• 5 Cents 1992-2012, KM# 99, Singapore
  • 5 Cents 1992-2012, KM# 99, Singapore

Coat of arms of Singapore surrounded by the word "Singapore" in Singapore's four official languages (Malay, Chinese, English, and Tamil).

At the centre of the coat of arms is a red shield bearing a white crescent (a new moon, representing a rising young nation) and five white stars (representing various national ideals including multiculturalism), supported by a lion and a tiger (representing Singapore and Malaysia respectively); below them is a blue ribbon inscribed with Majulah Singapura in gold, Malay for "Onward Singapore". While the use of the coat of arms is restricted to the government, the symbol enjoys wide use on the national currency and state decorations, and appears on the cover of the national passport.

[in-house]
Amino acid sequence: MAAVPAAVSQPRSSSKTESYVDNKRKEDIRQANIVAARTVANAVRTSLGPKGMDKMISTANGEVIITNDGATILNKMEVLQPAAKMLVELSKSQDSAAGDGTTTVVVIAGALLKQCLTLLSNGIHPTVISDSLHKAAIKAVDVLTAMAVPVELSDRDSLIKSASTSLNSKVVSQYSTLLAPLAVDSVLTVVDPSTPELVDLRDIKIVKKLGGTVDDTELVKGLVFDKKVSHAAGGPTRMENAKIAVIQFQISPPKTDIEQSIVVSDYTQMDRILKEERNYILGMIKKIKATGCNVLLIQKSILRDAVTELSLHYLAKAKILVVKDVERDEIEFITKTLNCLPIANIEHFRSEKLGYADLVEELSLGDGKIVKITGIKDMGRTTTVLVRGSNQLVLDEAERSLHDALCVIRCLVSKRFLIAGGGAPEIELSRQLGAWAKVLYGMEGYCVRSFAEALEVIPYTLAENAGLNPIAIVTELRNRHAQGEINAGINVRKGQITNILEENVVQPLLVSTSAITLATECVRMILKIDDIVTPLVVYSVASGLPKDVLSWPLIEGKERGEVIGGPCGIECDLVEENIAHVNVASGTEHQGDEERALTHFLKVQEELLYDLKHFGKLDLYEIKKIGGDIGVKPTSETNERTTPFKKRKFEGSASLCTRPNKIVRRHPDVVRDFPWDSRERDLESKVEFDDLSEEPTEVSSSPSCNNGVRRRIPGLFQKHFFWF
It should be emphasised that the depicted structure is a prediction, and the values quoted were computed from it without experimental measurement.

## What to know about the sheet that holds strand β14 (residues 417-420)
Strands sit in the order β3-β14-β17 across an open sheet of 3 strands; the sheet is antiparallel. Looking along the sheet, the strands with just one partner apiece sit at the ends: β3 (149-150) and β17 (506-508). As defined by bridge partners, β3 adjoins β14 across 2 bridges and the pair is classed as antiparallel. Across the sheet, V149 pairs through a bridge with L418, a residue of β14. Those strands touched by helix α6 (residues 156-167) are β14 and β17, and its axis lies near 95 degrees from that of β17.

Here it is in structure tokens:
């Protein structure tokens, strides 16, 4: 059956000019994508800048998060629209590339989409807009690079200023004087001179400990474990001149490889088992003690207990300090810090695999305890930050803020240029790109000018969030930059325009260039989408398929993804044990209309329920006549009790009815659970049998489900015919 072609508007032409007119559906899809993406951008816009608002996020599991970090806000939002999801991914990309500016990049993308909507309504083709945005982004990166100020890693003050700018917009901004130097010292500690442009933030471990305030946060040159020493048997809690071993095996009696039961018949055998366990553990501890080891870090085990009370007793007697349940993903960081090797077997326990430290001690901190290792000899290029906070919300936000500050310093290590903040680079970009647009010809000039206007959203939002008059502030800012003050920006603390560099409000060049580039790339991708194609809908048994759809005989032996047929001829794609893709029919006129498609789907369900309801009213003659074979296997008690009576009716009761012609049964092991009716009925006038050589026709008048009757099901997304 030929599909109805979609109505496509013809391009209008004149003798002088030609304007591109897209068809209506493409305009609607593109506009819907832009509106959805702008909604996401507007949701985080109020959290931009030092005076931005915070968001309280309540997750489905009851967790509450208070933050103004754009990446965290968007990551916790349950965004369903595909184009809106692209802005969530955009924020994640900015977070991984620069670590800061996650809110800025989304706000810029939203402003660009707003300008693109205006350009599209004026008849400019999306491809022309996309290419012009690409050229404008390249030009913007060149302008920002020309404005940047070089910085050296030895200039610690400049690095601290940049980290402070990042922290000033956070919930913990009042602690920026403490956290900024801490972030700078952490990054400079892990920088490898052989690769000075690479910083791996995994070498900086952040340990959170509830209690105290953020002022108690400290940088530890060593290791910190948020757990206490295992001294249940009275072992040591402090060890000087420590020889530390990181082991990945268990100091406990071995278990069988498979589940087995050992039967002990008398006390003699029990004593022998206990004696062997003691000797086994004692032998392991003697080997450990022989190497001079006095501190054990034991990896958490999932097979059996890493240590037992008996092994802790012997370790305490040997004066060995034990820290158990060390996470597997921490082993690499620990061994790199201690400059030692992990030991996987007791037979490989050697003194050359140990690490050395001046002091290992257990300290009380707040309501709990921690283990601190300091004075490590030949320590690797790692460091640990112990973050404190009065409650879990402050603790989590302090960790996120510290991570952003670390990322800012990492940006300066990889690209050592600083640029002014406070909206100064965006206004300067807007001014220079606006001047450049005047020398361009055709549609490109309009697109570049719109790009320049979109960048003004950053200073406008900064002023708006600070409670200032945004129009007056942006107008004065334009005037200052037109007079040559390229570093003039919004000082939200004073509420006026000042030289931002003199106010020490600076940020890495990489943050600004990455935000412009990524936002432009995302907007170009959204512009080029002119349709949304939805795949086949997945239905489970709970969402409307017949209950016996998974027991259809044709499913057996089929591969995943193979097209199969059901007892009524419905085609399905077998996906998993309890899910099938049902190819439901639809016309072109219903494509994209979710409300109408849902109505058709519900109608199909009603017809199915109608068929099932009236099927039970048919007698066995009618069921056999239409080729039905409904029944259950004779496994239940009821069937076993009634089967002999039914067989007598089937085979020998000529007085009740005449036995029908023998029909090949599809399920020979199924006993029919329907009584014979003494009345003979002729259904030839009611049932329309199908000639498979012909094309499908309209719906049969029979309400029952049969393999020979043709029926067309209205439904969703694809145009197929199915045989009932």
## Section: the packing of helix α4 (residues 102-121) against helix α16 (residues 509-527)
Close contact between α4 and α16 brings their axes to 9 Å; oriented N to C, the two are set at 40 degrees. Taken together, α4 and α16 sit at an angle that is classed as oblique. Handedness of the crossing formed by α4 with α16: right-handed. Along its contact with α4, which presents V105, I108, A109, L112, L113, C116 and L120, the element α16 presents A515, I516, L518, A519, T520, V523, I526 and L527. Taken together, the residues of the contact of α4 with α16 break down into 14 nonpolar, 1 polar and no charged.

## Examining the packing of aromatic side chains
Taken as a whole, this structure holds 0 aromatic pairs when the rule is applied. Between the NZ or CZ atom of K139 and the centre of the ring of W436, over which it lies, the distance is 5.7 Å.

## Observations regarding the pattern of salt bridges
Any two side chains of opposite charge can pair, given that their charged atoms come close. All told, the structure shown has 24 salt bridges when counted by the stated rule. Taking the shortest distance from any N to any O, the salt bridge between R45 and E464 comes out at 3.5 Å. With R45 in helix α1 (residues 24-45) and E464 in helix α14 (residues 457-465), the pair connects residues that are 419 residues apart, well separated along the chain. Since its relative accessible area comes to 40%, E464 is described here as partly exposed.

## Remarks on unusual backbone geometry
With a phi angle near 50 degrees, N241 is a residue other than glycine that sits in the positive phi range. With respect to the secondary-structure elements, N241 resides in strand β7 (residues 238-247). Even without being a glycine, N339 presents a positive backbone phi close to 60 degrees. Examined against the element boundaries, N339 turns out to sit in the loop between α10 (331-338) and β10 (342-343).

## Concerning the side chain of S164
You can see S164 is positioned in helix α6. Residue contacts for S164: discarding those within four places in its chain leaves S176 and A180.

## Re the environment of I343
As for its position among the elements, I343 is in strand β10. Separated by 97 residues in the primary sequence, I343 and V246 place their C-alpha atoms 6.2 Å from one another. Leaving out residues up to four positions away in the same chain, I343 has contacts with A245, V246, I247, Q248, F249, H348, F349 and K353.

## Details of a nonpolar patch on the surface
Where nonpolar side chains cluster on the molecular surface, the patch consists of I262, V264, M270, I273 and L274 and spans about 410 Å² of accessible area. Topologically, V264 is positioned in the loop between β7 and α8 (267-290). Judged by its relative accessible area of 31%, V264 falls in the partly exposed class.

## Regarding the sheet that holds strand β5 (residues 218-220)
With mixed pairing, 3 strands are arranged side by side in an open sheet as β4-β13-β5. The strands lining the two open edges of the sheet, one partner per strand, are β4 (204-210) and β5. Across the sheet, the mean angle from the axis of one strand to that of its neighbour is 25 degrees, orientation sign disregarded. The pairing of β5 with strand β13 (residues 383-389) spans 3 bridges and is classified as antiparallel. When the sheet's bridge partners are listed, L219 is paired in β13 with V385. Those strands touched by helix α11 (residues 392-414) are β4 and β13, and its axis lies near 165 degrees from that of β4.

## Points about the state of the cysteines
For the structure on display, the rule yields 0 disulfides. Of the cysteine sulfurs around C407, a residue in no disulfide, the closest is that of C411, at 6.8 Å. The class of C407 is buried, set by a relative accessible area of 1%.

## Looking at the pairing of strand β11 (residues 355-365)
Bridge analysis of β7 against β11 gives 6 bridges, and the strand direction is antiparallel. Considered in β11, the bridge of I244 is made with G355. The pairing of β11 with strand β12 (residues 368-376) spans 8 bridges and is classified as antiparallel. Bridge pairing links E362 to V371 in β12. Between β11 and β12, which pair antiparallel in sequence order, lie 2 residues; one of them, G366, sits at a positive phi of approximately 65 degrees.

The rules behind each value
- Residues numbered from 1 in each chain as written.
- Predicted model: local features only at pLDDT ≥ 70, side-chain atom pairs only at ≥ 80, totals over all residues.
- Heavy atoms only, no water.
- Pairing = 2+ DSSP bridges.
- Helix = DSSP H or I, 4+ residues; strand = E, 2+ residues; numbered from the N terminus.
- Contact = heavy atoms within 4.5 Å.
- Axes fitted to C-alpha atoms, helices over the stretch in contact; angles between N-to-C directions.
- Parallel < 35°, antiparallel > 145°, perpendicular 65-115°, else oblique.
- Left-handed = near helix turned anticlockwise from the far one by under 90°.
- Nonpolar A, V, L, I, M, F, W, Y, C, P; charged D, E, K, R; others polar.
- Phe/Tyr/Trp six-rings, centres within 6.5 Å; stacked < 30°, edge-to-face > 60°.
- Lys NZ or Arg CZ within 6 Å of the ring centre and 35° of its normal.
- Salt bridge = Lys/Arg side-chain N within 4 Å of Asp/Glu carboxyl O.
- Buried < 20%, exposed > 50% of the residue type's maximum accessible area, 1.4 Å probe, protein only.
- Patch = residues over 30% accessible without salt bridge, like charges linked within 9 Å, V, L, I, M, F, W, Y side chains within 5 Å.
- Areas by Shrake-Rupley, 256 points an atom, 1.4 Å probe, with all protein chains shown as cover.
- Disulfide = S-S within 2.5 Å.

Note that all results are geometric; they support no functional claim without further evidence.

சிங்கப்பூர் SINGAPURA 新加坡


Fruit salad plant with denomination.

Monstera deliciosa is a species of flowering plant native to tropical forests. The specific epithet deliciosa means "delicious", referring to the edible fruit, while monstera means "monstrous," in reference to the sheer size that this plant can grow to—over 30 feet in many cases.

Common names include fruit salad plant, fruit salad tree (in reference to its edible fruit, which tastes similar to a fruit salad), ceriman, Swiss cheese plant (or just cheese plant), monster fruit, monsterio delicio, monstereo, Mexican breadfruit, locust and wild honey, windowleaf, balazo, and Penglai banana. The names in Spanish (costilla de Adán) or Portuguese (costela-de-adão) or French (plante gruyère) refer to the change of the leaves from entire to fenestrated (comparing it in the first case with the ribs of Adam and in the second with the hole-filled gruyère cheese). In Mexico, the plant is sometimes referred to as piñanona.

Engraver: Christopher Ironside



5 Cents

Ribbon downwards
KM# 99
Material Aluminium Bronze
Weight 1.56 g
Diameter 16.75 mm
Thickness 1.22 mm
Shape round
Alignment Medal

Related coins

Ribbon upwards

Aluminium Bronze, 1.56 g, ⌀ 16.75 mm